Plunging a massive hoe into the earth is hardly the best way to uncover archaeological treasures laying hidden and unseen deep underground, sometimes for countless centuries.
But occasionally, construction crews and others who work outdoors on big projects do just that, however unwittingly, until work is stopped and archaeologists are called in.
That’s precisely what happened in Serbia in mid-March, when miners found they weren’t uncovering coal, but rather the remains of three ships more than 1,300 years old, experts now say.
Fortunately, although the biggest of the three sustained damage from the mining equipment, work was called to a halt and archaeologists were brought to the site immediately.
The team, from the Archaeological Institute in Kostolac, were able to gather most of the ships’ pieces and return them to their home base at the institute.
The crew was working at the Kostolac coal mine in eastern Serbia; the mine is located near the former ancient Roman city of Viminacium, a place where once military leaders kept warships on the Danube. Experts say that the mine is actually sitting atop, in a sense, a former artery of the famous river.
The biggest of the three ships sustained quite a bit of damage from the indelicate mining equipment, to the crew’s and archaeologists’ regret.
But the miners had no way of knowing what they were actually excavating until it was almost too late. About 35 percent of it, one archaeologist said, was ruined.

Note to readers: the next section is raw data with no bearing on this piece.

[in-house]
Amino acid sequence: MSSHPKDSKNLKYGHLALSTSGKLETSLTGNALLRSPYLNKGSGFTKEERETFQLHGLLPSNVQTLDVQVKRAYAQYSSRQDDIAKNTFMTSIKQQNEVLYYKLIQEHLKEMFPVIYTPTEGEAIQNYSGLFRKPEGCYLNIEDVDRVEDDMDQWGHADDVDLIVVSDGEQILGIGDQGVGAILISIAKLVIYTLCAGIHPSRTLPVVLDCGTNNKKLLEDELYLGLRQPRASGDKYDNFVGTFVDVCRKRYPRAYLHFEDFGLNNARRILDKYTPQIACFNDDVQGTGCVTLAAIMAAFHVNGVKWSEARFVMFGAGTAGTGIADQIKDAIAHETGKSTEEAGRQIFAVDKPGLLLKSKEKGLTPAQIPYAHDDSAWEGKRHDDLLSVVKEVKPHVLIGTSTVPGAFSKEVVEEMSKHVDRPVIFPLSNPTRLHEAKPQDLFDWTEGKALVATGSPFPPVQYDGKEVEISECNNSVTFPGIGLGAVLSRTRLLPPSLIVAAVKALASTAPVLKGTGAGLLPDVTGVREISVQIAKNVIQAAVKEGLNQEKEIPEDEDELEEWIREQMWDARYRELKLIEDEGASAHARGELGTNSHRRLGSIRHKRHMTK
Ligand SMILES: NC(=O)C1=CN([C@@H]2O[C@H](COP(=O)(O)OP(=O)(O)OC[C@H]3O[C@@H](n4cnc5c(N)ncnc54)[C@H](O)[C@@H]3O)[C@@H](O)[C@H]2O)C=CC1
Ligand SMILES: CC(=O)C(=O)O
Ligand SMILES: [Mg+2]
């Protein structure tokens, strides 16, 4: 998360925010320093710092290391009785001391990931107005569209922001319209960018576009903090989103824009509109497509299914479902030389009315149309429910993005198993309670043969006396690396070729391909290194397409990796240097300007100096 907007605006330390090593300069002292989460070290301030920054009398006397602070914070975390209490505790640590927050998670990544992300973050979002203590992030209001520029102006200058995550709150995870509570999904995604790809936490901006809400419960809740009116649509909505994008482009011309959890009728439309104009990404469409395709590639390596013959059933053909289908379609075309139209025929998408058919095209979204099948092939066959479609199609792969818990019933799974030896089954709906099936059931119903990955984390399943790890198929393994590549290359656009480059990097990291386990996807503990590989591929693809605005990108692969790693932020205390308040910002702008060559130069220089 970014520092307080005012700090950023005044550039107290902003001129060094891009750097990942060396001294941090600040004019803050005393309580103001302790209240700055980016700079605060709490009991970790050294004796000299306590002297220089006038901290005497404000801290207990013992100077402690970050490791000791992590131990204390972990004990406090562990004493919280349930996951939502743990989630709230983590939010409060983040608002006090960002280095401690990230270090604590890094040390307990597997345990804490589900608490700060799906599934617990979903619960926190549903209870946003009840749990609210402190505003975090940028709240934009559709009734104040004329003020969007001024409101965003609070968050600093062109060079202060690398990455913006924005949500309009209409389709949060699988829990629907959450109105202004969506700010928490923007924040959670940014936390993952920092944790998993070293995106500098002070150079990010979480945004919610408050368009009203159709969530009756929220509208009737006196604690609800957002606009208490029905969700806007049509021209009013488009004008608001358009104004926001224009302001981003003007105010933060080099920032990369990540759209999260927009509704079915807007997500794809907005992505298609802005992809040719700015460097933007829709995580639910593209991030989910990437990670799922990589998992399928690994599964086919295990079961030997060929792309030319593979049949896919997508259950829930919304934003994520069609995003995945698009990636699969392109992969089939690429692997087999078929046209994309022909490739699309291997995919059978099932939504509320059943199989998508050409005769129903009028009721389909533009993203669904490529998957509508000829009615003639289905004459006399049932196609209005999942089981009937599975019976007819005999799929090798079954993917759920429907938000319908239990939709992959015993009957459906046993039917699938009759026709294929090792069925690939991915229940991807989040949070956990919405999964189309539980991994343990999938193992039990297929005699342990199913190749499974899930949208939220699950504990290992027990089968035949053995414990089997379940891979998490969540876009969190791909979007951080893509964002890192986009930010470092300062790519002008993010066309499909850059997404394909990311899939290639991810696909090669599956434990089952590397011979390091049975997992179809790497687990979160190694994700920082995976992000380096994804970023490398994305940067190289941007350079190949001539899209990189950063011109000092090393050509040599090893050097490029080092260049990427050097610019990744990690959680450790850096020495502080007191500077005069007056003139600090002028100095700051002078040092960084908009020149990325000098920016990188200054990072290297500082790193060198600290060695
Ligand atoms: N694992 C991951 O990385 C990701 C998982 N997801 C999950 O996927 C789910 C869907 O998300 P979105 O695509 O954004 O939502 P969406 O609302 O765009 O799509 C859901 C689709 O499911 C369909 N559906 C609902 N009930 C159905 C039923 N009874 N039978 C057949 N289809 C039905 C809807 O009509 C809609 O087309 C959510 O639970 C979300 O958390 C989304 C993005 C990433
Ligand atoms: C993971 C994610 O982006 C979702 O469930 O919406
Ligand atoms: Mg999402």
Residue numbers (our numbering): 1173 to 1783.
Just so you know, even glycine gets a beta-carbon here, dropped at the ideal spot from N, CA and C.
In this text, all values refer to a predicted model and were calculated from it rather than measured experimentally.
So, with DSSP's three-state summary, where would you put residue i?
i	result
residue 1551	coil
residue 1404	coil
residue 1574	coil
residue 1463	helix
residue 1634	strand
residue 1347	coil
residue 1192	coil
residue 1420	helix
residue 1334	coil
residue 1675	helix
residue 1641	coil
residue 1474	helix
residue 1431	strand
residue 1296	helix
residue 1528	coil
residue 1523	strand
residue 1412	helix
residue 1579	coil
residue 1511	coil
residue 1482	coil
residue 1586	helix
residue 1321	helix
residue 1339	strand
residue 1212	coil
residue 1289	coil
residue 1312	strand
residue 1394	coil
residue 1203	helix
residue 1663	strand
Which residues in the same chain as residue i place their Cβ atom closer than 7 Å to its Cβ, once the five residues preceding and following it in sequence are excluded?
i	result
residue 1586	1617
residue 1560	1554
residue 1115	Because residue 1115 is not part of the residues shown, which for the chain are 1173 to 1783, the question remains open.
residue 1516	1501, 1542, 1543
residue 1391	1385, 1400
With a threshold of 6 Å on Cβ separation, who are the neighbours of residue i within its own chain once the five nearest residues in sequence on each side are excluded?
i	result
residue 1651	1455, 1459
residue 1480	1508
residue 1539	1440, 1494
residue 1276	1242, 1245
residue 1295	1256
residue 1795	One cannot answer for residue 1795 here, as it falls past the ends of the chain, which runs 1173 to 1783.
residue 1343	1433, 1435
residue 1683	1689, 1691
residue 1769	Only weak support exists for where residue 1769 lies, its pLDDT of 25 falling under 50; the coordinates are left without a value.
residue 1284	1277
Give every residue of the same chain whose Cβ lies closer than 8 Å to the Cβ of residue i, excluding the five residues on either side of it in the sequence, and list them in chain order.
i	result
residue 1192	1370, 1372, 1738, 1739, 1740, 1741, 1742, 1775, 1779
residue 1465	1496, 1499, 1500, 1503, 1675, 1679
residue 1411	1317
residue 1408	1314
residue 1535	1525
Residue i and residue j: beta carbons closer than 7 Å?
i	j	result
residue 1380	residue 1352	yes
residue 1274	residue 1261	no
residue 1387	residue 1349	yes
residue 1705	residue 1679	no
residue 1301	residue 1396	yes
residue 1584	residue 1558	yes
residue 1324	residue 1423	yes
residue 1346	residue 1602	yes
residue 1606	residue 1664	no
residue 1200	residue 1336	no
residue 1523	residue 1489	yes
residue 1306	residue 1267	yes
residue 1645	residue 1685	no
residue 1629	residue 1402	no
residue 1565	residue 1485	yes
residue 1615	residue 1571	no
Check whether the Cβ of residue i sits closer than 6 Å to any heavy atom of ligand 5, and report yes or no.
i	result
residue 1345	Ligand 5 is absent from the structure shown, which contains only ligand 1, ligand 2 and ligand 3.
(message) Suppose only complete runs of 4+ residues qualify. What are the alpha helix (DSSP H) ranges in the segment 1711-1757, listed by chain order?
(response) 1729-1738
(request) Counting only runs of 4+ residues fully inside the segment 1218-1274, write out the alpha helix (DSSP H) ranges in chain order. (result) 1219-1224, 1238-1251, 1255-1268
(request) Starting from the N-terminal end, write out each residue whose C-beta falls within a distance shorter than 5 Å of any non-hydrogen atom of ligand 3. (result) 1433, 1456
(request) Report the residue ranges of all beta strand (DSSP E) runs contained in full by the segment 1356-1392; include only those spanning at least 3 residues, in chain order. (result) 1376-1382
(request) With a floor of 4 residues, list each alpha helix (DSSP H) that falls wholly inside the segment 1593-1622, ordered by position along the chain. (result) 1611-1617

Nonetheless, Miomir Korac, director of the institute and head of the Viminacium Science Project, said last month that “…we should be able to reconstruct it almost in full,” he told news website Arstechnica.com.
The largest is approximately 49 feet in length, with spaces constructed for a minimum of six pairs of oars; it had a flat bottom, and could hold more than 30 sailors.
These clues, coupled with his knowledge of Roman ship building methods, have led Korac to the conclusion that the vessels are at least 1,300 years old.
He would like to confirm the evidence by having wood samples tested at a lab, but all testing facilities are temporarily closed down because of safety precautions being taken to prevent the spread of the coronavirus.
However, eventually the wood will be more fully examined. And so, too, will the excavation of the remaining boats, but for now — just like all archaeological projects — work is suspended because of the virus.
Yet Korac offered some insights based on the samples he was able to have collected. The smaller boats, he believes, were not used in any conflicts, because of their size and construction.
He thinks they were used solely to transport individuals across the Danube.
They were both carved, he explained, from one sole tree trunk; they have no evidence of being in a battle — no scars on the wooden frames, or any other mark that might indicate they encountered enemies on the river.
He said that it’s possible the boats were evacuated and abandoned, for reasons he can only guess at for the moment; not much more can be learned until the labs, and the archaeologists, can get back to work in a normal way.
Of one thing Korac is certain: the ships were not laden with cargo and sunk; there is no evidence to support that at all, he explained.
But he cannot learn more, or investigate further, until life in Serbia — just like everywhere else around the globe — gets back to some semblance of order and normalcy when the pandemic abates.
Until then, he and his colleagues continue to make educated guesses about the three Roman ships, and are very glad the vessels didn’t accidentally sustain more damage during the mining operation — another endeavour that is, for now, completely on hold.